President's Message

Jessica Kronstadt
WLALA President 2020-2021

December 2021

It is the holiday season. Yes, it exists in 2020.  Have you had your holiday lights up since Halloween?  If yes, thank you.  The holiday season is one of joy, light and celebration. For my family, that means Hanukkah.

In writing about Hanukkah, Anne Frank stated, “Look at how a single candle can both defy and define the darkness.”   2020 has shown us darkness in so many forms.  It has hit more curve balls than Cody Bellinger did all season.  In Los Angeles, Covid numbers are surging.  Again.  We are on lockdown.  Again.  Even through the darkness that has surrounded us this year, there have been sparks of light and glimmers of hope that remind us, as WLALA Racial Justice and Equality Advisory Council member Leana Taing shared from Buddha, “Thousands of candles can be lighted from a single candle. Happiness never decreases by being shared.”  Hanukkah is right around the corner and, candidly, the first night cannot arrive soon enough. 

What is Hanukkah?  Hanukkah celebrates the rededication of the Second Temple in Jerusalem. After outlawing Jewish religion and Jewish practices, then-King Antiochus IV decreed that Jews must worship Greek gods in the Temple.  Eventually, a Jewish priest named Mattahias, his son Judah Maccabee, and their army (“The Maccabees”) revolted.  They forced Antiochus IV out of Judea, reclaimed the Temple and rebuilt the altar.  Hooray!

Why do Jews light the menorah for eight nights?  When the Maccabees rebuilt the altar, they lit a surrounding menorah.  They had only enough oil to light the menorah for a single night, but the story goes, that the little bit of oil lasted for eight full nights.  Thus, the Miracle of Hanukkah and the reason why the celebration lasts eight nights.

This Hanukkah is the first one my family will spend without my Grandma Eva, who passed away in May at 96-years-old.  Unlike Anne Frank, my grandmother survived the Holocaust; I wrote about her in my September President’s Message and dedicate my presidency to her memory.  Especially this winter, honoring Hanukkah is a significant way to celebrate resilience, to defy and to find the light within the darkness – which is how my grandmother lived her life.  In the spirit of Hanukkah, here are the Jessica-Kronstadt-Top 8-Reasons – yes, I modeled these after SportsCenter’s Top 10 Plays – to defy and find light within darkness this holiday season[1]:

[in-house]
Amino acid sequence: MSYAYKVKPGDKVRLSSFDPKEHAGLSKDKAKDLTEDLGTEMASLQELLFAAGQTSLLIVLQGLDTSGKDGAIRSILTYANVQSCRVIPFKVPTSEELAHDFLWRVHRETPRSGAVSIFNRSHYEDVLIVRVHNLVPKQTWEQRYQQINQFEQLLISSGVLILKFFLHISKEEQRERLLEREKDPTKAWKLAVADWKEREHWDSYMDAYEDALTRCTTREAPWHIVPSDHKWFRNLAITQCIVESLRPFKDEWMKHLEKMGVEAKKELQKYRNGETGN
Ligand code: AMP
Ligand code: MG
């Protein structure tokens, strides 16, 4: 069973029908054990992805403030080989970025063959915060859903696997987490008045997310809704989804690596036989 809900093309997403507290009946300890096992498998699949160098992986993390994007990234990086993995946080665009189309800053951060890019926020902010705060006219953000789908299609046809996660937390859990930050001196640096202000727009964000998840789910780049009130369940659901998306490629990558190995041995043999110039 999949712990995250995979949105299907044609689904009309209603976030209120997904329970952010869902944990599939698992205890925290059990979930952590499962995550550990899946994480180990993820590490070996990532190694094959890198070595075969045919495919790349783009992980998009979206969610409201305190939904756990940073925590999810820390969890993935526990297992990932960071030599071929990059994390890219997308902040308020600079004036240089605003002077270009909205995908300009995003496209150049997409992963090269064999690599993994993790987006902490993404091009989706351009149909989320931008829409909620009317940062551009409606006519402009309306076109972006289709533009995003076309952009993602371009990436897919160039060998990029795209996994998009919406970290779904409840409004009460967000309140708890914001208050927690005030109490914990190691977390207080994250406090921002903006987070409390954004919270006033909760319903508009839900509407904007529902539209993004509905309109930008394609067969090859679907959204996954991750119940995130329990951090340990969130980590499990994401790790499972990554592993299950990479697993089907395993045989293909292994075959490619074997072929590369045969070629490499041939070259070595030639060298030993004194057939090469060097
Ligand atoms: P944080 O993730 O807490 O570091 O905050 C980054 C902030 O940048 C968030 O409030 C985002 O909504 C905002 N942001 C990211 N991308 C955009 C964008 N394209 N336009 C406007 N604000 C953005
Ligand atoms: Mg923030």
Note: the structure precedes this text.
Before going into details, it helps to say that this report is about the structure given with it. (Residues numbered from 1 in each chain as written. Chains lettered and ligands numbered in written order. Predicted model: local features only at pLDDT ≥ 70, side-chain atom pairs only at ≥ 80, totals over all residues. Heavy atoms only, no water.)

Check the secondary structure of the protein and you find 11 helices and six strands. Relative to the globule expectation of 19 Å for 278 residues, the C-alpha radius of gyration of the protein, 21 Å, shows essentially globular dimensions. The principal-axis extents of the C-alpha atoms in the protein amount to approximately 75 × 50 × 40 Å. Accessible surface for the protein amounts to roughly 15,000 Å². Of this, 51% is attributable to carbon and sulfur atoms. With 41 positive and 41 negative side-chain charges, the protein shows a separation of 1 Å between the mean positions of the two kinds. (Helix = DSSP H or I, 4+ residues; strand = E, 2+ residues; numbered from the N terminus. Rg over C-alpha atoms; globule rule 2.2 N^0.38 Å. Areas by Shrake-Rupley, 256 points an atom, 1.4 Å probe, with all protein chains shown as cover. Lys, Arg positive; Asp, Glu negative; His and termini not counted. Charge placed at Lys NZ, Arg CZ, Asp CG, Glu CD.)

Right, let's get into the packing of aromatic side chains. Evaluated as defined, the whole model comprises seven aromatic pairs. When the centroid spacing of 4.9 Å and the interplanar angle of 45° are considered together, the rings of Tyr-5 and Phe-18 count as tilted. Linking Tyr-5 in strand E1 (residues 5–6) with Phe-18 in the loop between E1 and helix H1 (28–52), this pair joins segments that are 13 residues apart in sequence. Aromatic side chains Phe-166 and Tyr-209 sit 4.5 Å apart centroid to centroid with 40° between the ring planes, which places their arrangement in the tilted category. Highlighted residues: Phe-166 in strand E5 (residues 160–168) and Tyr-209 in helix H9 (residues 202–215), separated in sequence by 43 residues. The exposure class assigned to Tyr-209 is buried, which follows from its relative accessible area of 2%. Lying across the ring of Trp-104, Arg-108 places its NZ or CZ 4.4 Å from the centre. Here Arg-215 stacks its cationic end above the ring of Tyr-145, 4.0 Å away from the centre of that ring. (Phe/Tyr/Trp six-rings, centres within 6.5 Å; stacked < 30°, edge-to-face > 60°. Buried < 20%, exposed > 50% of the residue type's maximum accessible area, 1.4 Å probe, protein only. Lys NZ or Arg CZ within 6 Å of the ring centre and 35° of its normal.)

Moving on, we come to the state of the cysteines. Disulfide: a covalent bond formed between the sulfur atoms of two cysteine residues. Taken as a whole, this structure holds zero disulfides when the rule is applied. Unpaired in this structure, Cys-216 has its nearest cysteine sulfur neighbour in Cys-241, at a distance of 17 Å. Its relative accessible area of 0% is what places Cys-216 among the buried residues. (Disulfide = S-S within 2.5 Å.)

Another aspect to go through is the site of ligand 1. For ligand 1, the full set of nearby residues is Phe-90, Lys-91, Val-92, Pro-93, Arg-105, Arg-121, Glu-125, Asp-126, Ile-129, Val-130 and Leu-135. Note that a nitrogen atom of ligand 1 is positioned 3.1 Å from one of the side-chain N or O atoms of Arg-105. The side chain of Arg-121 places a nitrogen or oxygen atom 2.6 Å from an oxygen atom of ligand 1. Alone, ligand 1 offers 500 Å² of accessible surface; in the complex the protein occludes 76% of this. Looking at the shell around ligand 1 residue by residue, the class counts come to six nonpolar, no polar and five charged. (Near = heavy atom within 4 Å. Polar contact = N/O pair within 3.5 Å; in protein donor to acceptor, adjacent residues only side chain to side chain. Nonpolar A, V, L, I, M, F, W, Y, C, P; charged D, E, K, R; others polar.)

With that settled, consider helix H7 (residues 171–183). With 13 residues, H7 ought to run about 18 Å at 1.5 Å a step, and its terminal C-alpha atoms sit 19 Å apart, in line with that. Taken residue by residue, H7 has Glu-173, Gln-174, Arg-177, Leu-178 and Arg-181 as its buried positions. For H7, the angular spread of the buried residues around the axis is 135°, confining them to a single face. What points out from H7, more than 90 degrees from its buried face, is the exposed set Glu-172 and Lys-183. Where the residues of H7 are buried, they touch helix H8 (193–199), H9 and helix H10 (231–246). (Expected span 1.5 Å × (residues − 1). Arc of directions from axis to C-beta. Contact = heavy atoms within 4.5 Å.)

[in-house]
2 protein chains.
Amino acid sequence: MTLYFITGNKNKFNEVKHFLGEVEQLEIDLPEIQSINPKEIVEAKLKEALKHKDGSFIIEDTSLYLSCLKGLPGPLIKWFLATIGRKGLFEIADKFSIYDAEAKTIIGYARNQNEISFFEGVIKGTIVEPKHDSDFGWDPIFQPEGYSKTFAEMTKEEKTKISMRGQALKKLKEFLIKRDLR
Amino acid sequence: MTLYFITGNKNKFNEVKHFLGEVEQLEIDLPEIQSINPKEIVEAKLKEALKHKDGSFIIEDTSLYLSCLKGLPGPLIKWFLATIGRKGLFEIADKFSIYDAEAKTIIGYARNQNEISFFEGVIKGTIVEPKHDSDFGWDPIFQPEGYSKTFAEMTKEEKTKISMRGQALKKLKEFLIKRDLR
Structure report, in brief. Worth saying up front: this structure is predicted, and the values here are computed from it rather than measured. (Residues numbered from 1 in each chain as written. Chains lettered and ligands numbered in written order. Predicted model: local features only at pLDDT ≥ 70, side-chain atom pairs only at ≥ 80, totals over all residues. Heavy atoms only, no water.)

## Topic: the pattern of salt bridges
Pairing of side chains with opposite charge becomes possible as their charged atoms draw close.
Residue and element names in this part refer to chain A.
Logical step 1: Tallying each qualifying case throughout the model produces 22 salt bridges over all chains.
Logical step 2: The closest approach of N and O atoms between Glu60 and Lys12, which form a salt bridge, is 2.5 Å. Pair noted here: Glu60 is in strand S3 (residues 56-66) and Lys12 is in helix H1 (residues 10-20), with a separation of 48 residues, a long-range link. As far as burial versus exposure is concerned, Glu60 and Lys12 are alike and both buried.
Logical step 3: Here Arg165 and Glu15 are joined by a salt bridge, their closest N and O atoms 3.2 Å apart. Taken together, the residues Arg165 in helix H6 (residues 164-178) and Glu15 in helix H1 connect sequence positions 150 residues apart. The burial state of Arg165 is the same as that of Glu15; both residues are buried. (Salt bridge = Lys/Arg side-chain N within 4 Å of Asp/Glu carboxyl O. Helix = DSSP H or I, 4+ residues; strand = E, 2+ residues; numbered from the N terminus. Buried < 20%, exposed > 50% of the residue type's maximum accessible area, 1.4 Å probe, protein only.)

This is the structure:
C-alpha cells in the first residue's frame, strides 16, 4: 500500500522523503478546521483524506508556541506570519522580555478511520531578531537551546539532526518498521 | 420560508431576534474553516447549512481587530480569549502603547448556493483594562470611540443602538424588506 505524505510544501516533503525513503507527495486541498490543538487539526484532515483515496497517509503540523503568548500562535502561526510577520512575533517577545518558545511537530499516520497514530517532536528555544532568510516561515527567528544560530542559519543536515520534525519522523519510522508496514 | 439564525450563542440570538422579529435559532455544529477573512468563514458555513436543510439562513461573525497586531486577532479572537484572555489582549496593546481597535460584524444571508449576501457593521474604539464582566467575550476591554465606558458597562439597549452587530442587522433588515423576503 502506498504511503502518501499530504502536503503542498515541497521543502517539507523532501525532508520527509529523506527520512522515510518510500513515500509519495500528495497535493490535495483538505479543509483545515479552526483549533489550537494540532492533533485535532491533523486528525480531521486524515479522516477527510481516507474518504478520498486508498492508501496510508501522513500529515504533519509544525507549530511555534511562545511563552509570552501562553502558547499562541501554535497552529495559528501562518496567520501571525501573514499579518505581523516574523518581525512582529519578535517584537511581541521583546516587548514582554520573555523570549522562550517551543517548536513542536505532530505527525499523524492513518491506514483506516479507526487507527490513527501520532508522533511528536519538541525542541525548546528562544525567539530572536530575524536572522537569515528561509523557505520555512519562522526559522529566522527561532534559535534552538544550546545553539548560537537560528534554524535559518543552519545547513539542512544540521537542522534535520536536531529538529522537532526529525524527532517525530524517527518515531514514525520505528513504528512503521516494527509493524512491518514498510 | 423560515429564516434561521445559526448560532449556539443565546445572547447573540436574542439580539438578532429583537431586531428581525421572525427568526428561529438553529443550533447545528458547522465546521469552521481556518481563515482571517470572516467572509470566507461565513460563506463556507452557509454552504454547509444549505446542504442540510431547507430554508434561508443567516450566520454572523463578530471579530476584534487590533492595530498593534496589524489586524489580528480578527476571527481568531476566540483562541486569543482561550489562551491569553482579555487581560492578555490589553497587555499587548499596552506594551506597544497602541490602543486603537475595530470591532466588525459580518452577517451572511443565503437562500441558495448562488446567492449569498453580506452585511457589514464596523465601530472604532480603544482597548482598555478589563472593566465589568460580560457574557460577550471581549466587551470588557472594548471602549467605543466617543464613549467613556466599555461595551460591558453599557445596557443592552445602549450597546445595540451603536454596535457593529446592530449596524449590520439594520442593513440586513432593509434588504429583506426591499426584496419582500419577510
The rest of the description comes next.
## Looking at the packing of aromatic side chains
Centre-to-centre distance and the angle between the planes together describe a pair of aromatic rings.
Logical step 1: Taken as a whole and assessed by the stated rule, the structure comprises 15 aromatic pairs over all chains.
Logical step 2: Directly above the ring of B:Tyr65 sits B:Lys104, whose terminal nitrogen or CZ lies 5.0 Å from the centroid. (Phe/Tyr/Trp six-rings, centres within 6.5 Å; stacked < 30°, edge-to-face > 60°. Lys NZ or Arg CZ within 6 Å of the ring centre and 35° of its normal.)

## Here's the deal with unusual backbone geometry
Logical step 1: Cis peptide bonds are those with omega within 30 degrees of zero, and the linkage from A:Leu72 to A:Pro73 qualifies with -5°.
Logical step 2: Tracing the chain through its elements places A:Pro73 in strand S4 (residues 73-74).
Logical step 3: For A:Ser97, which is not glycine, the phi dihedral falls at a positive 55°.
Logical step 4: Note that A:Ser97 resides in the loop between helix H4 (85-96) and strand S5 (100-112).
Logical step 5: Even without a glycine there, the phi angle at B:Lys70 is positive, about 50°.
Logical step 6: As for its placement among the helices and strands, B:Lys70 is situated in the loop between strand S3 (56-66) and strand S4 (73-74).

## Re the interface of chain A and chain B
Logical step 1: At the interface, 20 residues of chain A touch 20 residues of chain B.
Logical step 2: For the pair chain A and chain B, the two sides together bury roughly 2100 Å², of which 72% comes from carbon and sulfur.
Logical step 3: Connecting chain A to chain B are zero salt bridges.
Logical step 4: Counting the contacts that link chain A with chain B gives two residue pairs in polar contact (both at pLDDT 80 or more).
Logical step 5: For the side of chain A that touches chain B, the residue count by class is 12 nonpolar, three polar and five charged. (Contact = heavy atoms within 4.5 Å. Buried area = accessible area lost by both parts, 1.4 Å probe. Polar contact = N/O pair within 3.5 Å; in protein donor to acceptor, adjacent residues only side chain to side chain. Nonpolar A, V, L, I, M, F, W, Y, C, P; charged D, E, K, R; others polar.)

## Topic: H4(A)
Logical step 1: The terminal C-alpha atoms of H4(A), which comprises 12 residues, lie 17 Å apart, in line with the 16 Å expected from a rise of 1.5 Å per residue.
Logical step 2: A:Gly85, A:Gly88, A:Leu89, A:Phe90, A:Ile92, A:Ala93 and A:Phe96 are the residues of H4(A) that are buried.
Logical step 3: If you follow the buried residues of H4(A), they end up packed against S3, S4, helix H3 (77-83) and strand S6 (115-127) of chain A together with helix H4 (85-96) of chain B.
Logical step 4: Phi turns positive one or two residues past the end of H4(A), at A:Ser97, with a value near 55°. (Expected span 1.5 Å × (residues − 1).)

1. On November 7, Kamala Harris became the first woman, first Black woman and first South Asian American woman to become Vice President-Elect of the United States. In her acceptance speech, Vice President-Elect Harris made clear that, “While I may be the first woman in this office, I will not be the last…Because every little girl watching tonight sees that this is a country of possibilities.”  I could drop the mic…but…

  2. That same day, Dr. Jill Biden announced that when she becomes First Lady in January 2021, she will continue teaching English and writing at Northern Virginia Community College. Why does this matter? Here’s why: In continuing to teach, Dr. Biden will become the first president’s wife to continue her professional career as First Lady, after becoming the first Second Lady to do so. As Ohio University professor Katherine Jellison, who studies first ladies, stated, “It would be a real modernizing of the first ladyship… to have the president’s spouse live the kind of life that the majority of women live, which is working outside the home professionally.”

  3. A week later, Kim Ng crossed gender and racial barriers after being named first female and first East Asian-American general manager (“GM”) of Major League Baseball.  Appointed GM of the Miami Marlins on November 13, Ng made history as not only the league’s first female in the position but also the first female GM across all major men’s sports leagues in the United States.

  4. In 2021, a record number of women will serve in the 117th Congress, including at least 51 women of color.  This sets a new record for female representation.  Micaela Ezra wrote, “On Chanukah when we use one flame to light another, the glow is not halved – the light is multiplied.”  This November, the light multiplied in the following ways:
    1. Cori Bush became Missouri’s first Black congresswoman.
    2. Teresa Leger Fernandez won in New Mexico – becoming the first woman to hold her seat in District 3 since 1983.Republican Yvette Herrell flipped New Mexico’s 2nd congressional district and will be the first Republican Native American woman to serve in Congress.  New Mexico’s election resulted in a new House delegation with all women of color.
    3. Marilyn Strickland became the first Black representative from Washington state and the first Korean American woman elected to Congress in the country.
    4. Representative-elect Carolyn Bourdeaux, the only Democrat who flipped a competitive Republican-held district this year, won in the northeast Atlanta suburbs.